Sequential rescue and repair of stalled and damaged ribosome by bacterial PrfH and RtcB

Yannan Tian, Fuxing Zeng, Adrika Raybarman, Shirin Fatma, Amy Carruthers, Qingrong Li, Raven H. Huang

Research output: Contribution to journalArticlepeer-review


RtcB is involved in transfer RNA (tRNA) splicing in archaeal and eukaryotic organisms. However, most RtcBs are found in bacteria, whose tRNAs have no introns. Because tRNAs are the substrates of archaeal and eukaryotic RtcB, it is assumed that bacterial RtcBs are for repair of damaged tRNAs. Here, we show that a subset of bacterial RtcB, denoted RtcB2 herein, specifically repair ribosomal damage in the decoding center. To access the damage site for repair, however, the damaged 70S ribosome needs to be dismantled first, and this is accomplished by bacterial PrfH. Peptide-release assays revealed that PrfH is only active with the damaged 70S ribosome but not with the intact one. A 2.55-Å cryo-electron microscopy structure of PrfH in complex with the damaged 70S ribosome provides molecular insight into PrfH discriminating between the damaged and the intact ribosomes via specific recognition of the cleaved 3'-terminal nucleotide. RNA repair assays demonstrated that RtcB2 efficiently repairs the damaged 30S ribosomal subunit but not the damaged tRNAs. Cell-based assays showed that the RtcB2-PrfH pair reverse the damage inflicted by ribosome-specific ribotoxins in vivo. Thus, our combined biochemical, structural, and cell-based studies have uncovered a bacterial defense system specifically evolved to reverse the lethal ribosomal damage in the decoding center for cell survival.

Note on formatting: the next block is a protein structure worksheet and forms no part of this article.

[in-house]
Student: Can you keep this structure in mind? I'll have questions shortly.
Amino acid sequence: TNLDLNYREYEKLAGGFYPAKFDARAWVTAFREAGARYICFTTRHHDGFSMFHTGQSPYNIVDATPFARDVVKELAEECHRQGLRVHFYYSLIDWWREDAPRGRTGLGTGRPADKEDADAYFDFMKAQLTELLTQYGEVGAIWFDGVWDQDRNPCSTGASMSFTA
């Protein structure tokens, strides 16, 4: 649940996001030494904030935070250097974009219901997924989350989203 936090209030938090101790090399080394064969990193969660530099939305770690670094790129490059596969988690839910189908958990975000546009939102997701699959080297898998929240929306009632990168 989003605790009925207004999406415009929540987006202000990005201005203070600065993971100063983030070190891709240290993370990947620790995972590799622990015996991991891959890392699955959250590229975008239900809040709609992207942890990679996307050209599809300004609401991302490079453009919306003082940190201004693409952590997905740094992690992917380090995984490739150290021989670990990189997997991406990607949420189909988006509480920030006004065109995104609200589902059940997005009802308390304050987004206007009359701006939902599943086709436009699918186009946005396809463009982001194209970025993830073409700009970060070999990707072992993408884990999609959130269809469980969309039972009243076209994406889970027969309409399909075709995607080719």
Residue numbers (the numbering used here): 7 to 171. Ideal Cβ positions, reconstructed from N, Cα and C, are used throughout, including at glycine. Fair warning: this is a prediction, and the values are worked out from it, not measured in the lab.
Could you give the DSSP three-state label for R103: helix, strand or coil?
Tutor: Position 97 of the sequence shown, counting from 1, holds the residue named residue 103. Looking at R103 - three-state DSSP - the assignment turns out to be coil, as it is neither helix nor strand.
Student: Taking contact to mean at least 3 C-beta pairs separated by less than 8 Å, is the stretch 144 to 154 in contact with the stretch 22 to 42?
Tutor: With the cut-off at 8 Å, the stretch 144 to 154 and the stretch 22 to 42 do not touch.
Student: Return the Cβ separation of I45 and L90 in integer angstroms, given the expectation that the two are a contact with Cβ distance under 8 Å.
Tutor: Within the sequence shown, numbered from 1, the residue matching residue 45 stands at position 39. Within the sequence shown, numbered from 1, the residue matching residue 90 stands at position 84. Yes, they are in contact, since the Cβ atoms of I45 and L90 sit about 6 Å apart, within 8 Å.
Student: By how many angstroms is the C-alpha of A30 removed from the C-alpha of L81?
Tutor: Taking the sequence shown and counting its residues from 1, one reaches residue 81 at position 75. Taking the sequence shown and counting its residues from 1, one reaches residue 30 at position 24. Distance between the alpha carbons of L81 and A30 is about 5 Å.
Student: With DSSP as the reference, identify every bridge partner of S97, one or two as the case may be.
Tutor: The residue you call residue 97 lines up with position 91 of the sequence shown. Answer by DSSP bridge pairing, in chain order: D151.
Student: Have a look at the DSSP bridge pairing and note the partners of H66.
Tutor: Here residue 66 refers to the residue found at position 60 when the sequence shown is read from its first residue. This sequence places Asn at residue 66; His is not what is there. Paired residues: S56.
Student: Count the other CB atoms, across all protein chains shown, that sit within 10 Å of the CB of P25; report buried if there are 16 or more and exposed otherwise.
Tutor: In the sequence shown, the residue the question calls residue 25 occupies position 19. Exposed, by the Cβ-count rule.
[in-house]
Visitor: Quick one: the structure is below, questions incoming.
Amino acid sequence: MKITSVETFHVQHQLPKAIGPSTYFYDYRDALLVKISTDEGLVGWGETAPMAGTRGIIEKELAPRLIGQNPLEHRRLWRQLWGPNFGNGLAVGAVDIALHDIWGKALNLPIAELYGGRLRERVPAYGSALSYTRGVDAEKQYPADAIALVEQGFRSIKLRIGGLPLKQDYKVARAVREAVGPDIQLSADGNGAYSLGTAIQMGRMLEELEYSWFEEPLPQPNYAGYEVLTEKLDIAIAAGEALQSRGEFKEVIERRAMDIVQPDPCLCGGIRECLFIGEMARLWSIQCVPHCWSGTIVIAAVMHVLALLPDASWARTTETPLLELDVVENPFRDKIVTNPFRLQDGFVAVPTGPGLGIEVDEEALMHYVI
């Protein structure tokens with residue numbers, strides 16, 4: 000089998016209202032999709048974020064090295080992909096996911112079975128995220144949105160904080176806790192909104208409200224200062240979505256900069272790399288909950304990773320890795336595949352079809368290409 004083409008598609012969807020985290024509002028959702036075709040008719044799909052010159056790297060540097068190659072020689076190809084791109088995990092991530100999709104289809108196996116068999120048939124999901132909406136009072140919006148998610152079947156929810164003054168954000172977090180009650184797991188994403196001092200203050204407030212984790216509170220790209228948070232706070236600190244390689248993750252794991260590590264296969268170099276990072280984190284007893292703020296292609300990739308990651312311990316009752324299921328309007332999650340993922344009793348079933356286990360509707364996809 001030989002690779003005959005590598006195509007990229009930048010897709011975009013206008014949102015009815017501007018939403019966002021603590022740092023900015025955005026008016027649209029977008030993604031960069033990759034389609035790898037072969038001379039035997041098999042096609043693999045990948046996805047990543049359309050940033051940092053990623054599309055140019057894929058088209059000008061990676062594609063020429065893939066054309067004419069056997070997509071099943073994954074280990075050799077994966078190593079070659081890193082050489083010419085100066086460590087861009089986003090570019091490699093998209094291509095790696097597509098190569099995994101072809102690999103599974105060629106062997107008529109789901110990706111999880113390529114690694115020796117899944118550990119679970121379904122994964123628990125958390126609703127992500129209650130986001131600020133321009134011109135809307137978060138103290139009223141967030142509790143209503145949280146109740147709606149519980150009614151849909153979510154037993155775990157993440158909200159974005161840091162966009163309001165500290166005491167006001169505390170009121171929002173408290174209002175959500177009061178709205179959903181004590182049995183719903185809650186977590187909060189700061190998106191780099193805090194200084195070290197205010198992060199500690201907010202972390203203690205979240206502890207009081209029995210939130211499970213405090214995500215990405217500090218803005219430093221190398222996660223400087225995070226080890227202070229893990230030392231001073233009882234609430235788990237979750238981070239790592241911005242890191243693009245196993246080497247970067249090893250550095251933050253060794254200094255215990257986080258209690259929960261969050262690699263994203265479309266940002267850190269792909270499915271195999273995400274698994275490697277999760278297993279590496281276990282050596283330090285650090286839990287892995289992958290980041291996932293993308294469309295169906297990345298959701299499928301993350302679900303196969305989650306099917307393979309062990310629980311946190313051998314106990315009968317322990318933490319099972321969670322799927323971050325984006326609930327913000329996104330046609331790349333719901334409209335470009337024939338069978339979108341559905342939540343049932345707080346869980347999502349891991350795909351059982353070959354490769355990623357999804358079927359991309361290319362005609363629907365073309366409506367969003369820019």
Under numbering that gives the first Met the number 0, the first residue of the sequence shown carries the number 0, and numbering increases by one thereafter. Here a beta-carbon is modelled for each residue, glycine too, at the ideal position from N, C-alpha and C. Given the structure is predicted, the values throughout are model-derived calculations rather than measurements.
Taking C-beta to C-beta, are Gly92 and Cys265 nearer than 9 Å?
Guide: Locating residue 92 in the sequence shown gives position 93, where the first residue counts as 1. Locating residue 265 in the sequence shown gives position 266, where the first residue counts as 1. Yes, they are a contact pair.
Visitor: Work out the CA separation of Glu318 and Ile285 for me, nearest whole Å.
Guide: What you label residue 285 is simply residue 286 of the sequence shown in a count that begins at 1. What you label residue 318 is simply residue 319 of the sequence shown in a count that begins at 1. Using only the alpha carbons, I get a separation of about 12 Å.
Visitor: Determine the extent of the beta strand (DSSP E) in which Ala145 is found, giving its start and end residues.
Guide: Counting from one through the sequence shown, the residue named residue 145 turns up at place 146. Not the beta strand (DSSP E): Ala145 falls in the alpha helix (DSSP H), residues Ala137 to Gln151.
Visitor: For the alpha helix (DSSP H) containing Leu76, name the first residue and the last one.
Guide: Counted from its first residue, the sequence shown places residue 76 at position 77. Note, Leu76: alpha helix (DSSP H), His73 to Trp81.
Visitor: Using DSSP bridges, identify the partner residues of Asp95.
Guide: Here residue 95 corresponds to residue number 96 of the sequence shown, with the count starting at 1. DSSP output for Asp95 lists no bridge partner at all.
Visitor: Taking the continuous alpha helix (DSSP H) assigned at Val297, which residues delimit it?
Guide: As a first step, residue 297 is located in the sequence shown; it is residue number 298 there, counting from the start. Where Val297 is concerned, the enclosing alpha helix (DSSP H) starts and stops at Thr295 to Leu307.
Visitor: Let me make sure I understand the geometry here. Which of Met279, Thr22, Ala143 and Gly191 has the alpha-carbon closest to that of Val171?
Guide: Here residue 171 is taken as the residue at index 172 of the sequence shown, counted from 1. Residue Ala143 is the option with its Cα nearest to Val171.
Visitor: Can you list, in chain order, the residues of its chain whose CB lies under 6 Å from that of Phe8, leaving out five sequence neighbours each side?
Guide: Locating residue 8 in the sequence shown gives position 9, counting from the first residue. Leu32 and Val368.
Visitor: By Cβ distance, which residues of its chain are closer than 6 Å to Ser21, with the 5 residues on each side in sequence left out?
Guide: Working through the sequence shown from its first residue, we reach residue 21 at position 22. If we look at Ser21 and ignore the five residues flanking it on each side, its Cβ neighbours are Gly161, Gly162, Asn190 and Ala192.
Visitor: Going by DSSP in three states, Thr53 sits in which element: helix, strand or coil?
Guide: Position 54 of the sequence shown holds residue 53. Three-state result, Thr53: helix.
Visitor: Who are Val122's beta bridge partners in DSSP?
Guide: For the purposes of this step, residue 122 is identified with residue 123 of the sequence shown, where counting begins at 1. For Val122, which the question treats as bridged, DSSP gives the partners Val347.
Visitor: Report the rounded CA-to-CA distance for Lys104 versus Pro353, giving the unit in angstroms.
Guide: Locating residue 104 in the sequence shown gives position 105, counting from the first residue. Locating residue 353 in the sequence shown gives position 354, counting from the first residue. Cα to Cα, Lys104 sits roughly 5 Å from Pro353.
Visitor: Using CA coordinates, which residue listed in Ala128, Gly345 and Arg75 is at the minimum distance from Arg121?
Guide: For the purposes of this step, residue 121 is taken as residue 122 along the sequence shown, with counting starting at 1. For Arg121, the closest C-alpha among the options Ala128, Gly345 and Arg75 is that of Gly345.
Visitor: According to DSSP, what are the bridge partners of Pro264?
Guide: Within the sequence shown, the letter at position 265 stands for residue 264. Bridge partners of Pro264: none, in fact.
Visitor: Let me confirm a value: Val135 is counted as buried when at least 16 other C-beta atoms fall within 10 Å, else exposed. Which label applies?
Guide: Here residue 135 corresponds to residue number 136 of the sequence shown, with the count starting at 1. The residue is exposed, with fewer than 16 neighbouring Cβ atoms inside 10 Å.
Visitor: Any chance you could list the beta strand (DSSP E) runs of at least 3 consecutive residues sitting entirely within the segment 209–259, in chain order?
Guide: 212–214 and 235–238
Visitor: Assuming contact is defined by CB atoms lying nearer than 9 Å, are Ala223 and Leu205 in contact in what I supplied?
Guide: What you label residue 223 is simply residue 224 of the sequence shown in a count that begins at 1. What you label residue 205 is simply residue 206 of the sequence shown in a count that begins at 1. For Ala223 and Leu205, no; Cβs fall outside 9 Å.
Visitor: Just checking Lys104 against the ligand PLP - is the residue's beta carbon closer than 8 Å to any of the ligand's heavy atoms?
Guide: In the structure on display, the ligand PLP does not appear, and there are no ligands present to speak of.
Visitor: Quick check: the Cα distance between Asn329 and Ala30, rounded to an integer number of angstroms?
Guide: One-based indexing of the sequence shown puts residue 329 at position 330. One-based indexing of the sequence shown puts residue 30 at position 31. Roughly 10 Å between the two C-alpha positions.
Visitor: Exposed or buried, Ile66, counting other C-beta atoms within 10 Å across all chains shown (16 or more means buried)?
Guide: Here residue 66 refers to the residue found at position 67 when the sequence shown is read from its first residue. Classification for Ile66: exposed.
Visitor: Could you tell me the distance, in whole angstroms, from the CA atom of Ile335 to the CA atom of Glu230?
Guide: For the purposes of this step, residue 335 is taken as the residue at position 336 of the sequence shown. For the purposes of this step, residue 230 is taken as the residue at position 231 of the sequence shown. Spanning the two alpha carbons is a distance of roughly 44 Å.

Original languageEnglish (US)
Article numbere2202464119
JournalProceedings of the National Academy of Sciences of the United States of America
Issue number29
StatePublished - Jul 19 2022


  • RNA repair
  • cryo-EM
  • ribosome rescue
  • ribotoxin

ASJC Scopus subject areas

  • General


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